“The tourist industry is still in the doldrums right now,” Mr Holding told Tribune Business, “and only earlier this week we had Vacation Express, the largest supplier of room nights to Freeport, cancelling their summer programme.
“That’s another blow to the tourist industry and the overall economy. The tourism industry really right now is in the doldrums, and somehow we have got to work to getting it back to where we were 12 months ago as a starting point, and take it from there.
“The prospects for 2017 at the moment for that sector of our economy don’t look good at all. We need to work together, the Government, the Port Authority and the Chamber of Commerce, to find new businesses to come on to the island and pick up where Memories left off.”
Mr Holding said the Memories closure had delivered “devastating news for Freeport because of the loss of 400-500 jobs”.
“The ripple effect goes down to tour operators, restaurants and bars and retail stores,” he added. “The effect can be quite significant and is very significant.”
The Chamber president said Matthew, and the subsequent Memories and Grand Lucayan closures, had been especially ill-timed because “quite a lot” of tourism industry businesses had been “on the verge of expanding and offering new products to tourists”.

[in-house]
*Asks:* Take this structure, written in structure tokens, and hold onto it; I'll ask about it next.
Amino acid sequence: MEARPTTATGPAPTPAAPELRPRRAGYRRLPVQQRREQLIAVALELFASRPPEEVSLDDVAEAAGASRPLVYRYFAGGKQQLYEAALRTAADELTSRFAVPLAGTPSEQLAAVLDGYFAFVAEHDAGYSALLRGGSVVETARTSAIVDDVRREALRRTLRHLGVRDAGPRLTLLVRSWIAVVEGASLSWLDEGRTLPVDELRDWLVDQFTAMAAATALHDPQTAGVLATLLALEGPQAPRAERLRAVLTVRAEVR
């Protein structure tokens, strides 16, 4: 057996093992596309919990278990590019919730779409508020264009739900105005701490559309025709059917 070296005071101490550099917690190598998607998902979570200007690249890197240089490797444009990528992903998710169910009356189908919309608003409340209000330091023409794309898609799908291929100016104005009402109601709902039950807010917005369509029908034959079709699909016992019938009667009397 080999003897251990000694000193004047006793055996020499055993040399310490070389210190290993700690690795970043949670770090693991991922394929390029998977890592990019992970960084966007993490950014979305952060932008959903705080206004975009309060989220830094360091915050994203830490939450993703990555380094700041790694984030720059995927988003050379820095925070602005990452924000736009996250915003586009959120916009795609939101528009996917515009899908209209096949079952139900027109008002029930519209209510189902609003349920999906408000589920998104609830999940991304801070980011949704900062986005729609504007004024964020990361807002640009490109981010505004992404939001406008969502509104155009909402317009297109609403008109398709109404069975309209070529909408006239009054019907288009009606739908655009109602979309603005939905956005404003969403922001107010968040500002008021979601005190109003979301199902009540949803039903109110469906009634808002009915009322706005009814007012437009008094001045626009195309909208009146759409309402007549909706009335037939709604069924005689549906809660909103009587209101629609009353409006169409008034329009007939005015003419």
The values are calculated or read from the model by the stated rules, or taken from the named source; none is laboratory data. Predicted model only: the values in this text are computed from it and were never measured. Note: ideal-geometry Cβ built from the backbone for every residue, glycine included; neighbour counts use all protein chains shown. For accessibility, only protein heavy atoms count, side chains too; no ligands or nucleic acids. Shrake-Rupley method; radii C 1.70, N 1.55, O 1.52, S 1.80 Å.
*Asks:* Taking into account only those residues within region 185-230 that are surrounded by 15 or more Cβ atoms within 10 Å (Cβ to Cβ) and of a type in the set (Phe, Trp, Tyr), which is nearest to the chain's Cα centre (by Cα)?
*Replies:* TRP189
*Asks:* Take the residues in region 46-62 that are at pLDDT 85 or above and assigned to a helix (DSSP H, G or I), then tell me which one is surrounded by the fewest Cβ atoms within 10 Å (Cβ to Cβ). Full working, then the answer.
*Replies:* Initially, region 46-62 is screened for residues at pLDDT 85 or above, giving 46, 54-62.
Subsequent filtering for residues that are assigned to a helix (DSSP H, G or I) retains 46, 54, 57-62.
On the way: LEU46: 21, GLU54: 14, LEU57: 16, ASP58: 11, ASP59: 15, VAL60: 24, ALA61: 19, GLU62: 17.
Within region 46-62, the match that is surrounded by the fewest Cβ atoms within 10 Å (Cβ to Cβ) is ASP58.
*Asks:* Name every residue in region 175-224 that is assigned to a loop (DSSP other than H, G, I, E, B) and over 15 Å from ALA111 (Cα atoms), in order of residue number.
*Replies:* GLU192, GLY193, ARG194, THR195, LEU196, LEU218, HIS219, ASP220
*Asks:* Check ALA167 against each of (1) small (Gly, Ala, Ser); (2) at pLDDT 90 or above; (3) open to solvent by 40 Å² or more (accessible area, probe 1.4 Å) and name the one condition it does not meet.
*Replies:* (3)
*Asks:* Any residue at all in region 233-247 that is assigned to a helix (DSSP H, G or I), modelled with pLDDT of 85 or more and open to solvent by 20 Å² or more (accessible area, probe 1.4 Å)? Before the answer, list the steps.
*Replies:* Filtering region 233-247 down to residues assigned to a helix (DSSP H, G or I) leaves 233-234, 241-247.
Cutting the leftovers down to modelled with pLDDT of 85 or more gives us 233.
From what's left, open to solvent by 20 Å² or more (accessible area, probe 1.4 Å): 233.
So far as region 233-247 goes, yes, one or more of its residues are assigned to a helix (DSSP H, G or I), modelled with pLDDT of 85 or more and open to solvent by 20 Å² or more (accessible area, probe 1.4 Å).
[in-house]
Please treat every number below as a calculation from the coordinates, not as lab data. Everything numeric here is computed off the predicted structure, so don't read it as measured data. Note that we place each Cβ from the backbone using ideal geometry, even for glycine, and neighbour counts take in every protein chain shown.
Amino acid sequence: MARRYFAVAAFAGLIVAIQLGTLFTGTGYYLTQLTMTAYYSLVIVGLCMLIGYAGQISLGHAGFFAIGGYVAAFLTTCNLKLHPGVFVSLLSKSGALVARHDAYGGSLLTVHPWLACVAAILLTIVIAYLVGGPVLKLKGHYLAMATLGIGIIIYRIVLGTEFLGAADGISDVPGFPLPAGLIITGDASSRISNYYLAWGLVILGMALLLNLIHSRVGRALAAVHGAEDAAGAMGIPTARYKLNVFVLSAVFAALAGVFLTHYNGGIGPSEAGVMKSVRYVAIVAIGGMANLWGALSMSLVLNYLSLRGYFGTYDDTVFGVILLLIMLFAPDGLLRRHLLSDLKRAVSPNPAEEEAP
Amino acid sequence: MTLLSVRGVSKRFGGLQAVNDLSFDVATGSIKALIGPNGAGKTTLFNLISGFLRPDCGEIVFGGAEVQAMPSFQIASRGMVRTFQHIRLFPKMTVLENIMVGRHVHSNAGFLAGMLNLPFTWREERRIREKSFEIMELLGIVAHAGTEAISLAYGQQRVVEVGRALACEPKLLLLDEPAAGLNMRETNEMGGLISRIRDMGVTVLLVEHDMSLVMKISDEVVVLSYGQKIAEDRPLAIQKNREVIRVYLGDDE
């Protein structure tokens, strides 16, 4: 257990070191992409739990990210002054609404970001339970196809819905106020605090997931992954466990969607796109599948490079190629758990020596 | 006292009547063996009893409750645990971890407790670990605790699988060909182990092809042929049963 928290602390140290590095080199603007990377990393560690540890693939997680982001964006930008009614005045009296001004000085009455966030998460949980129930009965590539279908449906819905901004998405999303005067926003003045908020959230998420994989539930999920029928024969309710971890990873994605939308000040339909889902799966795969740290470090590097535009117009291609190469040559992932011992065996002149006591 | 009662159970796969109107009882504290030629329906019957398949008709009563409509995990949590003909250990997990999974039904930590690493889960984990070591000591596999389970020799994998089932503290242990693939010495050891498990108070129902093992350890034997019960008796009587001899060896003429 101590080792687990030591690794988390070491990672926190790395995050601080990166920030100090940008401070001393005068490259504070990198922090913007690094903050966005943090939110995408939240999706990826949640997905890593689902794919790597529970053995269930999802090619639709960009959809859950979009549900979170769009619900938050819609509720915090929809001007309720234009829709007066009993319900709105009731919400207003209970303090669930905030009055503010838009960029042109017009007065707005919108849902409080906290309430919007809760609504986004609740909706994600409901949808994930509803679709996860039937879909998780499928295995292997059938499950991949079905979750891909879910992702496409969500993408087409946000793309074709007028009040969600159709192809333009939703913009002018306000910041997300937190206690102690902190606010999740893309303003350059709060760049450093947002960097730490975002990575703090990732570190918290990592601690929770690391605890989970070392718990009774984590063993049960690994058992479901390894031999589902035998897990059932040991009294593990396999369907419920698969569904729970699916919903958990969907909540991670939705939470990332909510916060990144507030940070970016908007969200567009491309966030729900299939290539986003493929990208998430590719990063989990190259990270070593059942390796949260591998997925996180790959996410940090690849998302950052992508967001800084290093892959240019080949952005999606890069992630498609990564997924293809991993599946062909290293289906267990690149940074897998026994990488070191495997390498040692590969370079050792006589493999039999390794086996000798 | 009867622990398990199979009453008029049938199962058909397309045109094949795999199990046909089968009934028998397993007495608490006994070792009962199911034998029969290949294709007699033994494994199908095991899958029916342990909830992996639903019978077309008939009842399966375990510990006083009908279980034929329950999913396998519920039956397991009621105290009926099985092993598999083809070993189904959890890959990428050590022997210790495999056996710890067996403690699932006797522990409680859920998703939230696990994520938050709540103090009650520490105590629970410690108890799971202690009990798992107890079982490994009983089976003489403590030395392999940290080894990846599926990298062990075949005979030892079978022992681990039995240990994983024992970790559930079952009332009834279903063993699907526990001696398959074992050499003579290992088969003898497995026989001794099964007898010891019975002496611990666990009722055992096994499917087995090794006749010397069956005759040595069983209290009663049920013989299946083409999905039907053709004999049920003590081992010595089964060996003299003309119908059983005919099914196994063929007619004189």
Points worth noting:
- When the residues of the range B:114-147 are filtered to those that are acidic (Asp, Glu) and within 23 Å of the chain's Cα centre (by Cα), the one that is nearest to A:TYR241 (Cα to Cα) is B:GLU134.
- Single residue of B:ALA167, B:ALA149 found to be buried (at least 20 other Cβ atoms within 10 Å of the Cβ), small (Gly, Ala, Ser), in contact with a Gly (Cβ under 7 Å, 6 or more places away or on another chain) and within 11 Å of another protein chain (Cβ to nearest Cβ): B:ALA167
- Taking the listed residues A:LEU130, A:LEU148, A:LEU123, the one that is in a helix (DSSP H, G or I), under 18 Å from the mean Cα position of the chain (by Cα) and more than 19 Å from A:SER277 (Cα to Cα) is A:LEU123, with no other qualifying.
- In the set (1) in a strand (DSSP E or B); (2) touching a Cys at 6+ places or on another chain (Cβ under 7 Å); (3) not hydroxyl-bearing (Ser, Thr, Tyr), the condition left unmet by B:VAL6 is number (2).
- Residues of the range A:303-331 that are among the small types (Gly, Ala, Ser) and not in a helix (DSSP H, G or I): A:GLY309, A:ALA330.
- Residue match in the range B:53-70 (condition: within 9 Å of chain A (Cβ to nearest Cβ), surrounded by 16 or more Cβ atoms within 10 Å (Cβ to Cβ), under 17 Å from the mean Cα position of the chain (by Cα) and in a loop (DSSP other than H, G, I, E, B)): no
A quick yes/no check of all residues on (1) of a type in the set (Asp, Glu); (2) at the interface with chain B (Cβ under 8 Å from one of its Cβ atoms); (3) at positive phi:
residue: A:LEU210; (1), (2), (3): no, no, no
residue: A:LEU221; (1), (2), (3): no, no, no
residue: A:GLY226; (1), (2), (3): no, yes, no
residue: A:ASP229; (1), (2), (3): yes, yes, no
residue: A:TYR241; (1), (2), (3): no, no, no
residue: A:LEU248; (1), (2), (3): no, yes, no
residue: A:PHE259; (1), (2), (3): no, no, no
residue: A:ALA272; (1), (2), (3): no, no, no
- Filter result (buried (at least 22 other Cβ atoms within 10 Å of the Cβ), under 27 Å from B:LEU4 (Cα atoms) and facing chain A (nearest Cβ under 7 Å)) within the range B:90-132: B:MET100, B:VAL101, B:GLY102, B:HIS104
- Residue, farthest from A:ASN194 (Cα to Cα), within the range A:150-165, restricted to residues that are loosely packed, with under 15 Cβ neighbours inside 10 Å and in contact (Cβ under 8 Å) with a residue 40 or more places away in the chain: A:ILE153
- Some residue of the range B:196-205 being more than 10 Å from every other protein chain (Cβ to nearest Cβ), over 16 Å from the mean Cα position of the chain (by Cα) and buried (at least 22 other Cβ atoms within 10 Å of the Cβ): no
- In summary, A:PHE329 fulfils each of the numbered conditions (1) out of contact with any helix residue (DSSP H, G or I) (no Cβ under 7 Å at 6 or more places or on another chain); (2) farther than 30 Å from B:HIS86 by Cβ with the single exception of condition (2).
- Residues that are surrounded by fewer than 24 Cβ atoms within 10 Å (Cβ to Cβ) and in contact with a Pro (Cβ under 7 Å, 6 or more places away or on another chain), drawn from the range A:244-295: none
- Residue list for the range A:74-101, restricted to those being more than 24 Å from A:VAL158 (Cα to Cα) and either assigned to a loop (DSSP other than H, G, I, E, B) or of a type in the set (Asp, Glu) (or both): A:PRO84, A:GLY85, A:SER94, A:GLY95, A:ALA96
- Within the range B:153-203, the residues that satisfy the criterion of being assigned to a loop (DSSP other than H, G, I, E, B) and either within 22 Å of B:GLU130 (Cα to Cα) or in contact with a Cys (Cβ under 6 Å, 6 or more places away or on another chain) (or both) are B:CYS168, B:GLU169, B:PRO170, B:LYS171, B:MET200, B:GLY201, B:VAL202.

“Tragically, their market has been significantly hit,” Mr Holding said of budding tour and excursion providers. “I’ve always said that what we’ve got to do is not only attract tourists in the first place, but get them to come back. A lot of places offer sun and sand, and we’ve got to offer more than that.”
He added that the Chamber “will do everything we can to support the drive to find new owners” for the Grand Lucayan. Hutchison Whampoa’s property arm, Cheung Kong Property Holdings, last year initiated an auction sales process for the resort, but has yet to announce a buyer.
The Government appears to be backing a bid led by the Wynn Group, a Canadian-based real estate developer, to acquire the Grand Lucayan. Sunwing/Memories and Hard Rock are also part of the Wynn bid, but little has been heard in recent days as to whether the offer - said to be around $110 million - is making any progress.
The silence indicates that both the Wynn-led bid and the Government are having difficulty in getting any movement out of Hutchison Whampoa when it comes to either selling or re-opening the Grand Lucayan.
Mr Holding suggested the Grand Lucayan had “suffered somewhat” through not having “an internationally recognised brand” for its hotels and casino - something that would act as a key draw for tourists.
He added that the industrial sector’s continued strong performance remained the major bright spot for Grand Bahama’s economy, as it was largely insulated from domestic economic developments.